Far from being an outdated, quaint throwback, manners are still in vogue at work. “Please” and “thank you” go a long way towards greasing the cogs of social interaction in the workplace. You might be skeptical of my claim, given our country’s current election cycle. But look past the soundbites of the 24/7 news cycle, and you’ll find that people want to work for leaders who are civil.
Believe me, people are watching how their leaders treat others. If you think a rude brush-off doesn’t matter, or that “they’ll get over it,” you’re sorely mistaken. There’s a very real, measurable impact on employee productivity when there’s incivility in the workplace. Georgetown University associate professor of management Christine Porath has studied the effects of workplace incivility for many years. She has found that people reduce their work effort—by a significant amount—when their leaders treat them rudely.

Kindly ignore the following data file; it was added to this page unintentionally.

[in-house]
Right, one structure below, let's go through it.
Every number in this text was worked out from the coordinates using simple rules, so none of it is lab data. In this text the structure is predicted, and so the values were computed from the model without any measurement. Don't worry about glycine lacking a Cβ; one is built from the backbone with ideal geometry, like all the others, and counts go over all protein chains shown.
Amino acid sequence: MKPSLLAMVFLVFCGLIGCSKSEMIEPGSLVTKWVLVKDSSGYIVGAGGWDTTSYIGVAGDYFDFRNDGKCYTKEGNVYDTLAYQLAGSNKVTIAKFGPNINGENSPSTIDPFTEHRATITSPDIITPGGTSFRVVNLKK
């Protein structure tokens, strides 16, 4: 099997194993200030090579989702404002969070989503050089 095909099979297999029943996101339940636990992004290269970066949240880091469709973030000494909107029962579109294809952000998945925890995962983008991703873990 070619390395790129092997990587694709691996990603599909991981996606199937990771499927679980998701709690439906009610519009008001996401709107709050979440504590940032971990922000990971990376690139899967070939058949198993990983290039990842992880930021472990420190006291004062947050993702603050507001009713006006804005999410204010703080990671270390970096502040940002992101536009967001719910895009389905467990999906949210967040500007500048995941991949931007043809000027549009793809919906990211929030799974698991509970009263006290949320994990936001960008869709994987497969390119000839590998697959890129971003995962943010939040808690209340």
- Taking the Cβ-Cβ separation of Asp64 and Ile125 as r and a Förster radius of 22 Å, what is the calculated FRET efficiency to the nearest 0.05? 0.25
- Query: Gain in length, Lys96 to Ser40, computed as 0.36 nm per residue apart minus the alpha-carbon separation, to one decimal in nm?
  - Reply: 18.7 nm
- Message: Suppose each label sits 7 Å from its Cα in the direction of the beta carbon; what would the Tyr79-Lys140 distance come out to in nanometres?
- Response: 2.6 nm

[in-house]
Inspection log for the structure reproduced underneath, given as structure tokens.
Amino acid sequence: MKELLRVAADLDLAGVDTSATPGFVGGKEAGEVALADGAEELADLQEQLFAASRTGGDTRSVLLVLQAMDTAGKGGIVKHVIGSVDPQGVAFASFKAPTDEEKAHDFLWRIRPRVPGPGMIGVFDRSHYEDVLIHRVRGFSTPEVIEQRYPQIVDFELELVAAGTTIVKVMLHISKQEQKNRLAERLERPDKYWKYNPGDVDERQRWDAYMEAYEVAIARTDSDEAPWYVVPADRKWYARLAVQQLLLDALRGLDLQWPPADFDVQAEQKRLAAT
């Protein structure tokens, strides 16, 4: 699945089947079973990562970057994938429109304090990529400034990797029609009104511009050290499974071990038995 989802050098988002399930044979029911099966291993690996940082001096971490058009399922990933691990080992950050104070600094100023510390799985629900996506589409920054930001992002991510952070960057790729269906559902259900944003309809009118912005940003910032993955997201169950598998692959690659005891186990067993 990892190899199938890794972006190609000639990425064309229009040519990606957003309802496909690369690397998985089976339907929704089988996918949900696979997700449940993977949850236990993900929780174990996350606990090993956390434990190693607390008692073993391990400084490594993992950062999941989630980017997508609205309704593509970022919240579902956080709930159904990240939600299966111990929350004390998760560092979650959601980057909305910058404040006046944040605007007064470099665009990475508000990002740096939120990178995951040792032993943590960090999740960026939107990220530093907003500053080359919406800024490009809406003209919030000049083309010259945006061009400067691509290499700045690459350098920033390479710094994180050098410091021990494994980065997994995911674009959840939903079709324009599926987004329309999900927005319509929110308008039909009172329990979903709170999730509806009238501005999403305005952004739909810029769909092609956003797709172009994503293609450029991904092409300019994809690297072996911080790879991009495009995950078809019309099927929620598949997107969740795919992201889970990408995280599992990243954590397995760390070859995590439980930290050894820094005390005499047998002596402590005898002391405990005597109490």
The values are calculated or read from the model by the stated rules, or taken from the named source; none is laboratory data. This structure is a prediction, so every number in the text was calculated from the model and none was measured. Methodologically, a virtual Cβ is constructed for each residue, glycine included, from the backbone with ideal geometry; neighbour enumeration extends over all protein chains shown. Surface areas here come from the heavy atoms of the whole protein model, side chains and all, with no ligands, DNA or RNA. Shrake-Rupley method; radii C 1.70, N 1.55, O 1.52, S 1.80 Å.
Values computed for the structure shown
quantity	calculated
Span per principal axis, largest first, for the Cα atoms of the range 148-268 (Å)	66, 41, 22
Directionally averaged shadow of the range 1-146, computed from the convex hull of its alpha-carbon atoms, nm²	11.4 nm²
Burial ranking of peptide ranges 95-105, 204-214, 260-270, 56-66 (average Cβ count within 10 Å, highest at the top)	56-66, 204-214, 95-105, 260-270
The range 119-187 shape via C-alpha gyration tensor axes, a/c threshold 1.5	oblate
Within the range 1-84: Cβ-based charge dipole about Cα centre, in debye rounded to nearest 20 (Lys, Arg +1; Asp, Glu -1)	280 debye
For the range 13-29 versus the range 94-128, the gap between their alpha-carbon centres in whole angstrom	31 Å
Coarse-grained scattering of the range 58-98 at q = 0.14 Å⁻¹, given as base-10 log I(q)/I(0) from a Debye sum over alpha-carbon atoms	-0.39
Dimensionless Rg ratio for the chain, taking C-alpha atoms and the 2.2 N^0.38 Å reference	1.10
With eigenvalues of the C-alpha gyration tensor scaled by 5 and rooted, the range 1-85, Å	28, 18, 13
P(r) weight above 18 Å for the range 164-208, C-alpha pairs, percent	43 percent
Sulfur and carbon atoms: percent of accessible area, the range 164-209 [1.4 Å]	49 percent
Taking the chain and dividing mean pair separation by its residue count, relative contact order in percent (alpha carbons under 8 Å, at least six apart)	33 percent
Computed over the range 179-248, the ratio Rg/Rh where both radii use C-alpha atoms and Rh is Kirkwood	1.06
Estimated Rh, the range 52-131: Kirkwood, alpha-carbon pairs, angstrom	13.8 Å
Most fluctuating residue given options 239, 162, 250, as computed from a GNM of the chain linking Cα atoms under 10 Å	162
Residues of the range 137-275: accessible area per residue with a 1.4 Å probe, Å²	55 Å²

I attended Porath’s breakout session, “Civility: Do We Have Time to be Nice at Work?” at the 2016 WorkHuman conference. She presented fascinating information regarding workplace incivility, including these statistics:
People who experience incivility in the workplace:
- Are 5 times less likely to notice details
- Perform 17% worse on cognitive tests
- Take longer to make and record decisions
- Make more errors
There are other reasons to stop being a jerk at work, as I write in my latest Smartbrief article. Porath’s research finds that what people want most from their leaders is respect. They want this more than even the often-cited recognition and appreciation.
So just like your mama taught you: manners matter. Simple courtesies like waiting your turn, saying you’re sorry and listening to others can have a big impact on your leadership effectiveness.
Copyright: sabinezia / 123RF Stock Photo
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